Last week Andy Martino on SNY’s Mets Hot Stove reported that the Mets’ remaining free agent budget for this offseason is around $10 million. Considering the team’s needs of rotation, corner outfield and DH help, that is a tough number to navigate. But assuming that as the constraint, let’s take a look at who the Mets might be able to sign. For this exercise, we will use the FanGraphs Crowd Source numbers.
Let’s separate the remaining free agents that are in the Mets supposed price range into two tiers: upper and lower. If they sign an upper tier free agent, it is likely that they will only sign one, where in the lower tier, they may be able to sign two.
Upper Tier ($9.0-12.0 million AAV projection)
Of the available players in this price range, Clevinger, Lorenzen and Ryu are all starting pitchers. They are all 32-year-old or older, with Lorenzen the spring chicken of the group at 32. Clevinger is the best pitcher of the group, but is still a far cry from who he was prior to his injury in 2020. Ryu is 37 and has been pitched just 79.0 innings over the last two seasons thanks to Tommy John surgery in June 2022 and a knee injury in 2023.
Lorenzen is interesting in that he is entering just his third season since his rookie year as a starting pitcher, and while 2023 was the best year of his career, there are some troubling trends, namely his swinging strike rate dipping below 10% for the first time since 2018 last year, while his contact numbers also moved in a worrying direction. That could make for a rough 2024.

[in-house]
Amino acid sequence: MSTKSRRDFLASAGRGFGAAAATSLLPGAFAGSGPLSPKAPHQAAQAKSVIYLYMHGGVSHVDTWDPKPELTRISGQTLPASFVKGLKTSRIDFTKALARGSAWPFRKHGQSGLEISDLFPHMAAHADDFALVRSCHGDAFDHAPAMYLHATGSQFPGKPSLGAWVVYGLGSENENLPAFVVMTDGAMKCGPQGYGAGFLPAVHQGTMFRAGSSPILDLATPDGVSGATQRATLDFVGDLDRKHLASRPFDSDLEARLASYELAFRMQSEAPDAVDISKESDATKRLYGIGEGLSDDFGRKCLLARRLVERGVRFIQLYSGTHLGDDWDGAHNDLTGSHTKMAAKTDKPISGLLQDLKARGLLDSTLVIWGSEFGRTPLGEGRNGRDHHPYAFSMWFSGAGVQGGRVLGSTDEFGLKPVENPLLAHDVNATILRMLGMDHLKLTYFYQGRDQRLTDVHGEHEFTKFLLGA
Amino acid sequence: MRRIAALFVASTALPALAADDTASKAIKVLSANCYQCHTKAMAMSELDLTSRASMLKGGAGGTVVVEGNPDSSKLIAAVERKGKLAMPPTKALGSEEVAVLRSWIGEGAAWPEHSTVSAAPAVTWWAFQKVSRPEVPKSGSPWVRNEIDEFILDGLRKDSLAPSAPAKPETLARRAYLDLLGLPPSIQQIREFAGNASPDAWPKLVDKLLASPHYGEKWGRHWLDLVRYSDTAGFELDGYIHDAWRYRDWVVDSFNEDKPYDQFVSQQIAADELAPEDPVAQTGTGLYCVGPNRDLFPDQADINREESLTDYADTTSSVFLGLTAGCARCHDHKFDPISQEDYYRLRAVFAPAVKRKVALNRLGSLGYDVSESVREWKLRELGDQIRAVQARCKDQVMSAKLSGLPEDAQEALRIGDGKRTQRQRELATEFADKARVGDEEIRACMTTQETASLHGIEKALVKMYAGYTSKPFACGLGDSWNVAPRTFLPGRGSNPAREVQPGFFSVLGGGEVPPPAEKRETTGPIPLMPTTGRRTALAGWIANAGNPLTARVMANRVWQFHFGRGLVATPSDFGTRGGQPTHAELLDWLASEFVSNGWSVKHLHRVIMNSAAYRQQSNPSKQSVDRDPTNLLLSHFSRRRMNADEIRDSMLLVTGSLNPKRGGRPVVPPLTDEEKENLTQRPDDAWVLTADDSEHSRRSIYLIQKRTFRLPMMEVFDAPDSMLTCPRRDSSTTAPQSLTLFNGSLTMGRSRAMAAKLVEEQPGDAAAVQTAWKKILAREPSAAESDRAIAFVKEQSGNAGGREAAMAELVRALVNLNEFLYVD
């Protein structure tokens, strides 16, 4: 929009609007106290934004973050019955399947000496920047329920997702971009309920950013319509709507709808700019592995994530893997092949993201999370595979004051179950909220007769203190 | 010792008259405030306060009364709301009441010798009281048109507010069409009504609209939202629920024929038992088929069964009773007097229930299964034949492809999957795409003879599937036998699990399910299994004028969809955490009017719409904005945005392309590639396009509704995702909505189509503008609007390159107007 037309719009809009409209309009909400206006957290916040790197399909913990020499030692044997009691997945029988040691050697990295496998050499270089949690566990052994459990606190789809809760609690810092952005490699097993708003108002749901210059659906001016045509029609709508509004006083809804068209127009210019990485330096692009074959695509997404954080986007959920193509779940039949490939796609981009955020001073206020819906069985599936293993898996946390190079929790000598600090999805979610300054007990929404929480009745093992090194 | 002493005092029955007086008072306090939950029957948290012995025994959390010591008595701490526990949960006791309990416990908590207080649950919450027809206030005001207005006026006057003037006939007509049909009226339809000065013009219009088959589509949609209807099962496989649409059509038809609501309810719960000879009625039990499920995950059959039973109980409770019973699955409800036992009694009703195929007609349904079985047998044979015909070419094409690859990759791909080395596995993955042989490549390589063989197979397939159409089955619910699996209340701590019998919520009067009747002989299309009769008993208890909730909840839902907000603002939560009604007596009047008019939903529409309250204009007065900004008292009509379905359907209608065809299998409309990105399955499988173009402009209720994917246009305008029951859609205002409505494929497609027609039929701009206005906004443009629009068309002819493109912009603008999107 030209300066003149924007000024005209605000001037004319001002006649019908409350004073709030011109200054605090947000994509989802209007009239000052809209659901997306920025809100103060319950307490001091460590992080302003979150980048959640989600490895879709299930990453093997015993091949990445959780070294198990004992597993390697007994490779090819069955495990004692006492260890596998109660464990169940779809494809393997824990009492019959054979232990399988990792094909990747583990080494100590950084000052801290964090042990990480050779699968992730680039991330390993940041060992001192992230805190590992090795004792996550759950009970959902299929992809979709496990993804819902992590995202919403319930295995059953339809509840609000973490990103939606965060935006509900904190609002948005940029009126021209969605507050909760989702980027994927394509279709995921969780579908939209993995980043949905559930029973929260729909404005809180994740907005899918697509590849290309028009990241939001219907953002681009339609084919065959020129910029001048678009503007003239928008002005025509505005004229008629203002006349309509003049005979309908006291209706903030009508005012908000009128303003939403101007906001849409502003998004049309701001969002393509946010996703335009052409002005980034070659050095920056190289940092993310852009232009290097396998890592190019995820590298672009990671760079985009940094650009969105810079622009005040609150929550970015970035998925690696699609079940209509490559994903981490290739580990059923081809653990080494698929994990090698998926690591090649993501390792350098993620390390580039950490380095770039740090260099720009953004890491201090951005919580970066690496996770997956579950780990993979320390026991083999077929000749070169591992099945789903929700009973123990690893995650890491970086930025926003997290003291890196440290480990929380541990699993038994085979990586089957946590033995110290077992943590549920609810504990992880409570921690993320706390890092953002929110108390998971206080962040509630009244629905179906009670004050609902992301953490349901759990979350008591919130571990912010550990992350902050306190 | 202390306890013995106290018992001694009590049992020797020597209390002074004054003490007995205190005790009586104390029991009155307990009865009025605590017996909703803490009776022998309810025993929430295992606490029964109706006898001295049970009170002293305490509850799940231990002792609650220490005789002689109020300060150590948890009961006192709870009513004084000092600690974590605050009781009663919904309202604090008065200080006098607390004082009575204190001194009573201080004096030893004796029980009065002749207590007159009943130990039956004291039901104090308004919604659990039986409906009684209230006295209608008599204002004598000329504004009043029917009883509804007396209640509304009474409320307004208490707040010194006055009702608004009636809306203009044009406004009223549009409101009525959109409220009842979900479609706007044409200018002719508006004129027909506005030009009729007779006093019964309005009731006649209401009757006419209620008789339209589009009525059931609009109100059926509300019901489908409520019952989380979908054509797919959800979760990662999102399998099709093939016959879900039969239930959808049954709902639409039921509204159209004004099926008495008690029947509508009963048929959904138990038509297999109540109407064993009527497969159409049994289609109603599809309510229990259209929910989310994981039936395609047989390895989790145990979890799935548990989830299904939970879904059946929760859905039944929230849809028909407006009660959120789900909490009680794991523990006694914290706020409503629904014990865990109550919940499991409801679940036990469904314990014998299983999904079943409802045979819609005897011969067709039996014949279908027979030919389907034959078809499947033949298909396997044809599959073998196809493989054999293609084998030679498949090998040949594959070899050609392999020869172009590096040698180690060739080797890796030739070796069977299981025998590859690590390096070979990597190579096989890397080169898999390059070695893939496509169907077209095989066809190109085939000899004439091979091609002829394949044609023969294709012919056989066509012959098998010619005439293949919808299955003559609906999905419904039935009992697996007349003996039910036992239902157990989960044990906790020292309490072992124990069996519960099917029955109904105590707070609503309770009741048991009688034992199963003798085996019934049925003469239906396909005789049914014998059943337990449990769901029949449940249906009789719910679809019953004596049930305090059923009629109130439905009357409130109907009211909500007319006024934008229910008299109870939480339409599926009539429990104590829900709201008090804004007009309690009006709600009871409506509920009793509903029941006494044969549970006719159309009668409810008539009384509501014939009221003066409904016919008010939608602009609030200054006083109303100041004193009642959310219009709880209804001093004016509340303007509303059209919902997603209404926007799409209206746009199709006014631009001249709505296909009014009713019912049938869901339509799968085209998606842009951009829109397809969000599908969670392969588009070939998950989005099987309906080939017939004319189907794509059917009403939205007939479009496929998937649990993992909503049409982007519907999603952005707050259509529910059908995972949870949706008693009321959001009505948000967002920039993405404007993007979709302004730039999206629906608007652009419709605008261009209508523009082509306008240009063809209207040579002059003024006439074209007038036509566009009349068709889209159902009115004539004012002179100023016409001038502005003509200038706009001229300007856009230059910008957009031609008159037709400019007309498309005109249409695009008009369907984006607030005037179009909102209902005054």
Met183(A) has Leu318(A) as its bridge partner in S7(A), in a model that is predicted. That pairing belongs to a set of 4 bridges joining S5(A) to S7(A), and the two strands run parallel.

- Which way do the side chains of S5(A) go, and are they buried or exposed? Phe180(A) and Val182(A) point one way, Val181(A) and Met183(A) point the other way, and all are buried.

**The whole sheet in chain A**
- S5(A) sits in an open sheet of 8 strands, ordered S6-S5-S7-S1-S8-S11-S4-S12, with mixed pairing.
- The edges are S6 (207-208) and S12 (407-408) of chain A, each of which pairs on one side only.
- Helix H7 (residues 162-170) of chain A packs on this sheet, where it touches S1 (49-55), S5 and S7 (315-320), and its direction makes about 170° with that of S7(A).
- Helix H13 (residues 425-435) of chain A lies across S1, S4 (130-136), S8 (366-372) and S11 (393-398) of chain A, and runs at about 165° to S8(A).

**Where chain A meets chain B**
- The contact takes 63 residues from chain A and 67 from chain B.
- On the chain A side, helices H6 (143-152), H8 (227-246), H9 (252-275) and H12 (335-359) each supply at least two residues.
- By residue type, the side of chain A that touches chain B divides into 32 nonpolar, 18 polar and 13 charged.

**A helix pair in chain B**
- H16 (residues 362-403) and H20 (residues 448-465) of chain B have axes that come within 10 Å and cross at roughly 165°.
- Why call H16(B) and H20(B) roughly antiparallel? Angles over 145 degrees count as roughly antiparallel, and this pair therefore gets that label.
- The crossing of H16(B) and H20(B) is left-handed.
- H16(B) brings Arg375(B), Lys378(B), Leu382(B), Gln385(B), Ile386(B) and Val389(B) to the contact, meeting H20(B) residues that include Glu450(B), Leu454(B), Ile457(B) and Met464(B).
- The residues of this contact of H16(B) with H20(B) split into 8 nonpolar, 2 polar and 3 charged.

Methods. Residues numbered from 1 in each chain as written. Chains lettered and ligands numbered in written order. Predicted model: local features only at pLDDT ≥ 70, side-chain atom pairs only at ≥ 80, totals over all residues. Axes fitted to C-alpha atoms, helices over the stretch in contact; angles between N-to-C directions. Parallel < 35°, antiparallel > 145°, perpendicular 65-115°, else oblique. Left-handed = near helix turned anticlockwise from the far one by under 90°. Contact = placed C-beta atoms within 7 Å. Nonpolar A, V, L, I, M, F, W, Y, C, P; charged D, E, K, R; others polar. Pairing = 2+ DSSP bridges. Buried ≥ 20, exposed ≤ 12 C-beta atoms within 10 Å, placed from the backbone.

The Mets have been linked plenty this offseason to Turner as a DH who can also play in the middle infield, while Pederson is intriguing for the same reason but in the outfield instead of the infield. Pederson is seven years younger and likely the better hitter at this stage, but after a nice stretch in San Francisco, he will probably be after a multi-year deal where Turner could be had on a one-year deal. Plus, who wouldn’t want a reunion with Turner after all these years. Would be a nice story, and he’s proven he can still play.
Lower Tier ($5.0-8.0 million AAV projection)
Duvall and Pham are the two most-enticing hitters of this bunch, as they are both mid-30s slugging corner outfielders with good veteran experience. Obviously Pham spent the first half of 2023 with the Mets before being dealt to Arizona. Gallo is probably the most interesting of the group, especially if he can bounce back closer to his 2017-2021 form where he was a really solid player and won a Gold Glove. It is hard to imagine him wanting to come back to New York, however, considering how his tenure in the Bronx went.
Taylor, Merrifield, and Frazier are probably guys worth pursuing in a world where the budget was a little greater, but under the Mets’ self-imposed and MLB-imposed restraints aren’t real difference makers if you are only signing one or two more MLB players. Santana had a decent 2023 split between Pittsburgh and Milwaukee, and could be a nice veteran DH if Stearnes wants to reunite.
Neither Paxton nor Wood logged 100.0 innings last year, but both were serviceable when they did pitch. Greinke threw 142.1 innings and posted his worst ERA since 2005, but is a veteran innings eater and future Hall of Famer. However, much like Gallo but for different reasons, I’m not sure how much of a desire he has to pitch in New York City.
None of these players, or any combination of these players, is probably enough to vault the Mets into World Series contention in 2024. However, by dipping into the free agent pool to make some marginal improvements, that may help the club get themselves into a playoff position and from there anything can happen.